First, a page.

B+B Q+A

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Take A Day Off With A-Trak and the Fool’s Gold Gang

A-Trak (Photo: A-Trak Official Facebook Page)

A-Trak (Photo: A-Trak Official Facebook Page)

Traditionally, “fool’s gold” was associated, as its name suggests, with a yellow-tinged mineral, typically mistaken for its more valuable doppelgänger. But there’s no confusion about Fool’s Gold Records.

From the label’s distinctive image to its dynamic, hard-to-pin down roster of artists, since 2007 “Fool’s Gold” has come to stand for originality and a damn good time. Having discovered Kid Cudi, re-discovered Danny Brown and introduced the delectable Duck Sauce to the world, the label’s success can largely be attributed to its musical prospectors/co-founders, Nick Catchdubs and Alain “A-Trak” Macklovitch.

In the run-up to the return of their annual Labor Day flagship party, Day Off, taking place at Brooklyn Live at the Inlet, we caught up with A-Trak to find out a bit more about what to expect from this year’s event, whether laptops killed the turntablism star and what exactly the deal is with his label’s preoccupation with ducks.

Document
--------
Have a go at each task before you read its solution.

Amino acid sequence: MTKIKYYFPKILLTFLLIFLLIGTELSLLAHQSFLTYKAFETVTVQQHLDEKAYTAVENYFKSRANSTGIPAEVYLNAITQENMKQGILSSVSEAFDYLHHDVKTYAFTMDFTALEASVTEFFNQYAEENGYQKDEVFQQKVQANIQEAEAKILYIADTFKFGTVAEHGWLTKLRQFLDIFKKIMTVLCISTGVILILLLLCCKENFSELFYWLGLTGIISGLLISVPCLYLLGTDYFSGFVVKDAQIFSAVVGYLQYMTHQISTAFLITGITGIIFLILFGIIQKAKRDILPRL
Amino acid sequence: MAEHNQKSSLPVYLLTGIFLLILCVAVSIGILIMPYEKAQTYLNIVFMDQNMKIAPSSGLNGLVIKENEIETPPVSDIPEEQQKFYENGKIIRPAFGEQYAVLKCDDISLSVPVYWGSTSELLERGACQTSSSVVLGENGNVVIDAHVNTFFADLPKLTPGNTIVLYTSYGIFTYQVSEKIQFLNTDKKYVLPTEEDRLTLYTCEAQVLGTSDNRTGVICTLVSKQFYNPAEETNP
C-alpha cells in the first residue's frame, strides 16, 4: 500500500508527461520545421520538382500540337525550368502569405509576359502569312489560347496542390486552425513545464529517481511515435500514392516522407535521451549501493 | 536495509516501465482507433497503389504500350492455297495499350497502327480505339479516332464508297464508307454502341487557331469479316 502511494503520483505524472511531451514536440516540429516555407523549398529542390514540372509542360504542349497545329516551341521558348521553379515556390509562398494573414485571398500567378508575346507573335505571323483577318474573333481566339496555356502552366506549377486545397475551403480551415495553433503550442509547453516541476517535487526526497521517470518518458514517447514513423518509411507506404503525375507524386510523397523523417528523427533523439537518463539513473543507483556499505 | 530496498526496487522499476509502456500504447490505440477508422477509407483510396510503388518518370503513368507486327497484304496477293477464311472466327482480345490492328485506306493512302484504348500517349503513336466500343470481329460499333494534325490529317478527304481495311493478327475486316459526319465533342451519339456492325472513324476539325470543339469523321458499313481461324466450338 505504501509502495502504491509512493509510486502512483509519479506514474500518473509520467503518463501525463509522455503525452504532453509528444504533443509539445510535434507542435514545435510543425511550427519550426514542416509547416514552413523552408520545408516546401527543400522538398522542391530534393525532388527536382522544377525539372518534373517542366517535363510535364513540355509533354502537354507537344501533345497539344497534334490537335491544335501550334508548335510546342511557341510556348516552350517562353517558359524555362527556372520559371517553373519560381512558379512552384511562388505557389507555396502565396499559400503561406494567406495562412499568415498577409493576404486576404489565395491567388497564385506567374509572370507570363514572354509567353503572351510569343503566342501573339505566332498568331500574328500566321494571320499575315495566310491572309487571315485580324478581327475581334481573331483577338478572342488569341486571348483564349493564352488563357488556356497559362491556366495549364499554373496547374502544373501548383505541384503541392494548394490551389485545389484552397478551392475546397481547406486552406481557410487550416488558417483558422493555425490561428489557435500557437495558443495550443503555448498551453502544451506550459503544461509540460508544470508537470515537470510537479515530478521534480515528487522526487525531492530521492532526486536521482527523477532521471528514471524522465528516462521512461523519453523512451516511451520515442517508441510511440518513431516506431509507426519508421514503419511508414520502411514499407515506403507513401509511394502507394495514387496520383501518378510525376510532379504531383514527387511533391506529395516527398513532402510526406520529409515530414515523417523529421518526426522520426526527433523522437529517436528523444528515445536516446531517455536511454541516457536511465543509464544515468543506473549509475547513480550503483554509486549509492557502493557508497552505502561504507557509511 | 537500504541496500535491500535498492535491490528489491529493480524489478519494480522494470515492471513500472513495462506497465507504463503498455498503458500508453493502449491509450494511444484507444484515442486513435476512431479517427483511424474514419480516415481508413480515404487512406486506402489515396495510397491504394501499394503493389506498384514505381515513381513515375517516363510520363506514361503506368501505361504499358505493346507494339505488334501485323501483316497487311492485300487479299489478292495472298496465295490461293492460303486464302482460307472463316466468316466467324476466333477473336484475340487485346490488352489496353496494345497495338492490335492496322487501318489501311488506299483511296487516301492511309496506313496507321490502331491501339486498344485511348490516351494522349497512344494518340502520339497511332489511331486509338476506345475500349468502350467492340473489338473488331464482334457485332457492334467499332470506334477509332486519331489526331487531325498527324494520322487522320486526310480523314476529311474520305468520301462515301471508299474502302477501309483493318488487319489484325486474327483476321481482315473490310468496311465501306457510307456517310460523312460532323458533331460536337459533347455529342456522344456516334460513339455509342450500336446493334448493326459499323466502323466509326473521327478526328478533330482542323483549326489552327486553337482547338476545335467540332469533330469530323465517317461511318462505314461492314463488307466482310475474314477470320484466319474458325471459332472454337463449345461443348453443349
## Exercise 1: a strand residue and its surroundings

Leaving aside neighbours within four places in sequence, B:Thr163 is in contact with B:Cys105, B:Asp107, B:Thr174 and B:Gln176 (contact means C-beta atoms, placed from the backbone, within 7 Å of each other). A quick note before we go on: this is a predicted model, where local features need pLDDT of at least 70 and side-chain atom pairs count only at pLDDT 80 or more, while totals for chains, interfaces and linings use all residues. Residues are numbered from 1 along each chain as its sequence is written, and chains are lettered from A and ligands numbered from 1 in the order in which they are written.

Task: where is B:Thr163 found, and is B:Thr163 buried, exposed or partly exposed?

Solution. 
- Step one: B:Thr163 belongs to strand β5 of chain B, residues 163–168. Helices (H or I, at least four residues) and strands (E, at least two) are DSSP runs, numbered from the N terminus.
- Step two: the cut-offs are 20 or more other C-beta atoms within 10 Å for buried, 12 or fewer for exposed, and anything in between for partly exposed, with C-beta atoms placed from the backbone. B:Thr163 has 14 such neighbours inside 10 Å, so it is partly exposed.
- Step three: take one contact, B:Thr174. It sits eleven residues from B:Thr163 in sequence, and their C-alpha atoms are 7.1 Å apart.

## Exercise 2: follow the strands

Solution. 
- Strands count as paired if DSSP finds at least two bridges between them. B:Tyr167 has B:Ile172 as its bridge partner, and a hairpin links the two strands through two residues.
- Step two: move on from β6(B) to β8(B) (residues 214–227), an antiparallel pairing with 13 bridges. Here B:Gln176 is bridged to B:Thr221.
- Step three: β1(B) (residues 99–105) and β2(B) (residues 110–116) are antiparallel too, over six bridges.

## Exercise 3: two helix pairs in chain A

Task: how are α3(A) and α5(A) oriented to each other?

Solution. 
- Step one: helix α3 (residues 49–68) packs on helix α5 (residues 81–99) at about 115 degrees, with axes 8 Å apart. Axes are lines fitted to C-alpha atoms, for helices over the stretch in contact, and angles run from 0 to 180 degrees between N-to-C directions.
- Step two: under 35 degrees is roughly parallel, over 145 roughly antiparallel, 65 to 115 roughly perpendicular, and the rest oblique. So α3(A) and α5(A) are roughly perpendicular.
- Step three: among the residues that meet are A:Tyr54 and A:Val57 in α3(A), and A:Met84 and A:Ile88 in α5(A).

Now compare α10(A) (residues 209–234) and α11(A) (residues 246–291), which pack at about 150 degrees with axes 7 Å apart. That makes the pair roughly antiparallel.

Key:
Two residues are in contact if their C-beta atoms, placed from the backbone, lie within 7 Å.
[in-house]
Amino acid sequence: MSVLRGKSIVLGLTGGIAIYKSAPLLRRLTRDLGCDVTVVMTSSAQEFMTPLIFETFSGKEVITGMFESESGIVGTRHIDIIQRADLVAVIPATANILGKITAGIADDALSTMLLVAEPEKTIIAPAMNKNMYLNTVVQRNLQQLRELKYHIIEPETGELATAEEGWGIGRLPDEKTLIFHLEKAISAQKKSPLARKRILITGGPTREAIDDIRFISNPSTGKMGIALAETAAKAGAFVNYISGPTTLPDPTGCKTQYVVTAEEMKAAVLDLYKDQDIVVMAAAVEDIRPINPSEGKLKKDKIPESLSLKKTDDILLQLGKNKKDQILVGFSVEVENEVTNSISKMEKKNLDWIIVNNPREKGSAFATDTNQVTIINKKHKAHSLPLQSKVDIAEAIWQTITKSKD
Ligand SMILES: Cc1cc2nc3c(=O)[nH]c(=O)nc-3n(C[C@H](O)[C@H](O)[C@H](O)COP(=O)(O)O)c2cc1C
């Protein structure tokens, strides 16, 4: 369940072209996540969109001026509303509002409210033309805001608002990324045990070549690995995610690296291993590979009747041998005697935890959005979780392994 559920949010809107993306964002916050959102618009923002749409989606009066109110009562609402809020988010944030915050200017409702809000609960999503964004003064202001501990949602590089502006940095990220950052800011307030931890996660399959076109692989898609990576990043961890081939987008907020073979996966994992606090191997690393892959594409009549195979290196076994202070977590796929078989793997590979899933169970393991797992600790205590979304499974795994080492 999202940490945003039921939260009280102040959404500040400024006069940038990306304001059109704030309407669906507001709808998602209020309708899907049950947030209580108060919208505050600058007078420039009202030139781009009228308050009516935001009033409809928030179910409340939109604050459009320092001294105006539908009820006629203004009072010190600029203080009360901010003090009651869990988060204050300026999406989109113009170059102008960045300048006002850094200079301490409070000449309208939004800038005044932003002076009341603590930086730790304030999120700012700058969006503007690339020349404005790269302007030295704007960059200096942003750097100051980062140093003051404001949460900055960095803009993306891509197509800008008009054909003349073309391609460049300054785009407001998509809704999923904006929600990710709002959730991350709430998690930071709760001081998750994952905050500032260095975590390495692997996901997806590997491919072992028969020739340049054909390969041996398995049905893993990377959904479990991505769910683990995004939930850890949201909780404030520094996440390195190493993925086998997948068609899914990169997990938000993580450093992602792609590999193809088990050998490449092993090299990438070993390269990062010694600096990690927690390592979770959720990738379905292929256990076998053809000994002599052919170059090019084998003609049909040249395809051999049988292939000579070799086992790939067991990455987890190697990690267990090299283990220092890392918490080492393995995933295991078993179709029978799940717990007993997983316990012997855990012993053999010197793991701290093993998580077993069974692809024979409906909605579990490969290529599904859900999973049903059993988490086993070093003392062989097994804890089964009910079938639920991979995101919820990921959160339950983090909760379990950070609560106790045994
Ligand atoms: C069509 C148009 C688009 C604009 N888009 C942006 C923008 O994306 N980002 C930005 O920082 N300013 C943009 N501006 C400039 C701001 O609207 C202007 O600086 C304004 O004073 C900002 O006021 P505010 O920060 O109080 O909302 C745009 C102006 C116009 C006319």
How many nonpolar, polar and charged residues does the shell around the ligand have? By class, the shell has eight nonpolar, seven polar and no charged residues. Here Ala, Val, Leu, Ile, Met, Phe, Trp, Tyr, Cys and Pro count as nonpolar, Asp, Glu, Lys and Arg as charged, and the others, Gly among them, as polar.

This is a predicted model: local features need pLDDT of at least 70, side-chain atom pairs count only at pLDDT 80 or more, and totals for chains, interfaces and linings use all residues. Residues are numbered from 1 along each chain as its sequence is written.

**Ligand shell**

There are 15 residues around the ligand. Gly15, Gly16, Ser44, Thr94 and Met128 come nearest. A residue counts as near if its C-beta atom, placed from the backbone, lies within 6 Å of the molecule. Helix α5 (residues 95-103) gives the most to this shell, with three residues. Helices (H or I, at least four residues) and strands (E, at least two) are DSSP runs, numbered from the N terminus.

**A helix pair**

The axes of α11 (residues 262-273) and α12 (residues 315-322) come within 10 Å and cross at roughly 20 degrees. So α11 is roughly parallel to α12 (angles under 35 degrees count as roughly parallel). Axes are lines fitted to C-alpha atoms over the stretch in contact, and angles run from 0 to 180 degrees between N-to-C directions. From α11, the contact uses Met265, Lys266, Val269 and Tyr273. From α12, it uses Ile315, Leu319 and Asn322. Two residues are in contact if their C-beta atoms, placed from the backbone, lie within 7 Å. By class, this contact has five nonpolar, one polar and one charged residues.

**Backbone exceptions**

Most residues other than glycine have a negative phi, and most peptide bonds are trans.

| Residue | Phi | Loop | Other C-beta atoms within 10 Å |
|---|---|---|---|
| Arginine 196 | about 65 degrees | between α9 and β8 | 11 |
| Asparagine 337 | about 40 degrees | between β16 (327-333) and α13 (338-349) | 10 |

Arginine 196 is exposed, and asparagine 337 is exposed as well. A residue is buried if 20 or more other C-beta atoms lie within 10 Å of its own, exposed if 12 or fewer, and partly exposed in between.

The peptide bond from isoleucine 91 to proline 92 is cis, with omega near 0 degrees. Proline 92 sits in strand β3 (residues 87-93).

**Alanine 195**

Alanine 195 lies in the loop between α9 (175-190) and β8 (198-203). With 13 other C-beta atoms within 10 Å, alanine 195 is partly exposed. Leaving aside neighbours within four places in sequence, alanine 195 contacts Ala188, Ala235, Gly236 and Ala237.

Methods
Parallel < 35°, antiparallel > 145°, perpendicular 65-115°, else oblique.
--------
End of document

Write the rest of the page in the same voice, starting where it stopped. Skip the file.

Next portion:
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Niagara’s Jesse Malin On Bar Life: ‘There’s Still Trouble and Decadence and Darkness’

Jesse Malin (Photo: Joseph Quever)

Jesse Malin (Photo: Joseph Quever)

Jesse Malin talks about the East Village like a wayward old friend, something he’s definitely earned having seen the neighborhood shift and transform since the early ’80s when, as a 12-year-old kid, he fronted a hardcore band called Heart Attack. And you better believe what was maybe, probably the youngest band playing shows in the city at the time recorded a song titled “Toxic Lullaby.” Malin grew up in Queens, but would steal away from the burbs whenever he could to hang out at CBGB and other Lower East Side haunts. Though he tours regularly, and like most city veterans, laments the sterilization of his former haunts and the neighborhood as a whole, he still very much identifies downtown as home.

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Stoops is the Skateboard Magazine New York Has Been Waiting For

Dave Willis doing ollie up, backside 180 kickflip. Manhattan, New York, 2009. (Photo: Allen Ying)

Dave Willis doing ollie up, backside 180 kickflip. Manhattan, 2009. (Photo: Allen Ying)

California may get the most shine when it comes to skateboarding, but that’s all about to change. A proposed new magazine plans to focus solely on the culture of skating in New York City. It’s name, Stoops, is a throwback to a time when Supreme was just getting started and New York skate coverage was sparse. The quarterly publication aims to give the unique culture of NYC skating the steady voice it has long deserved.
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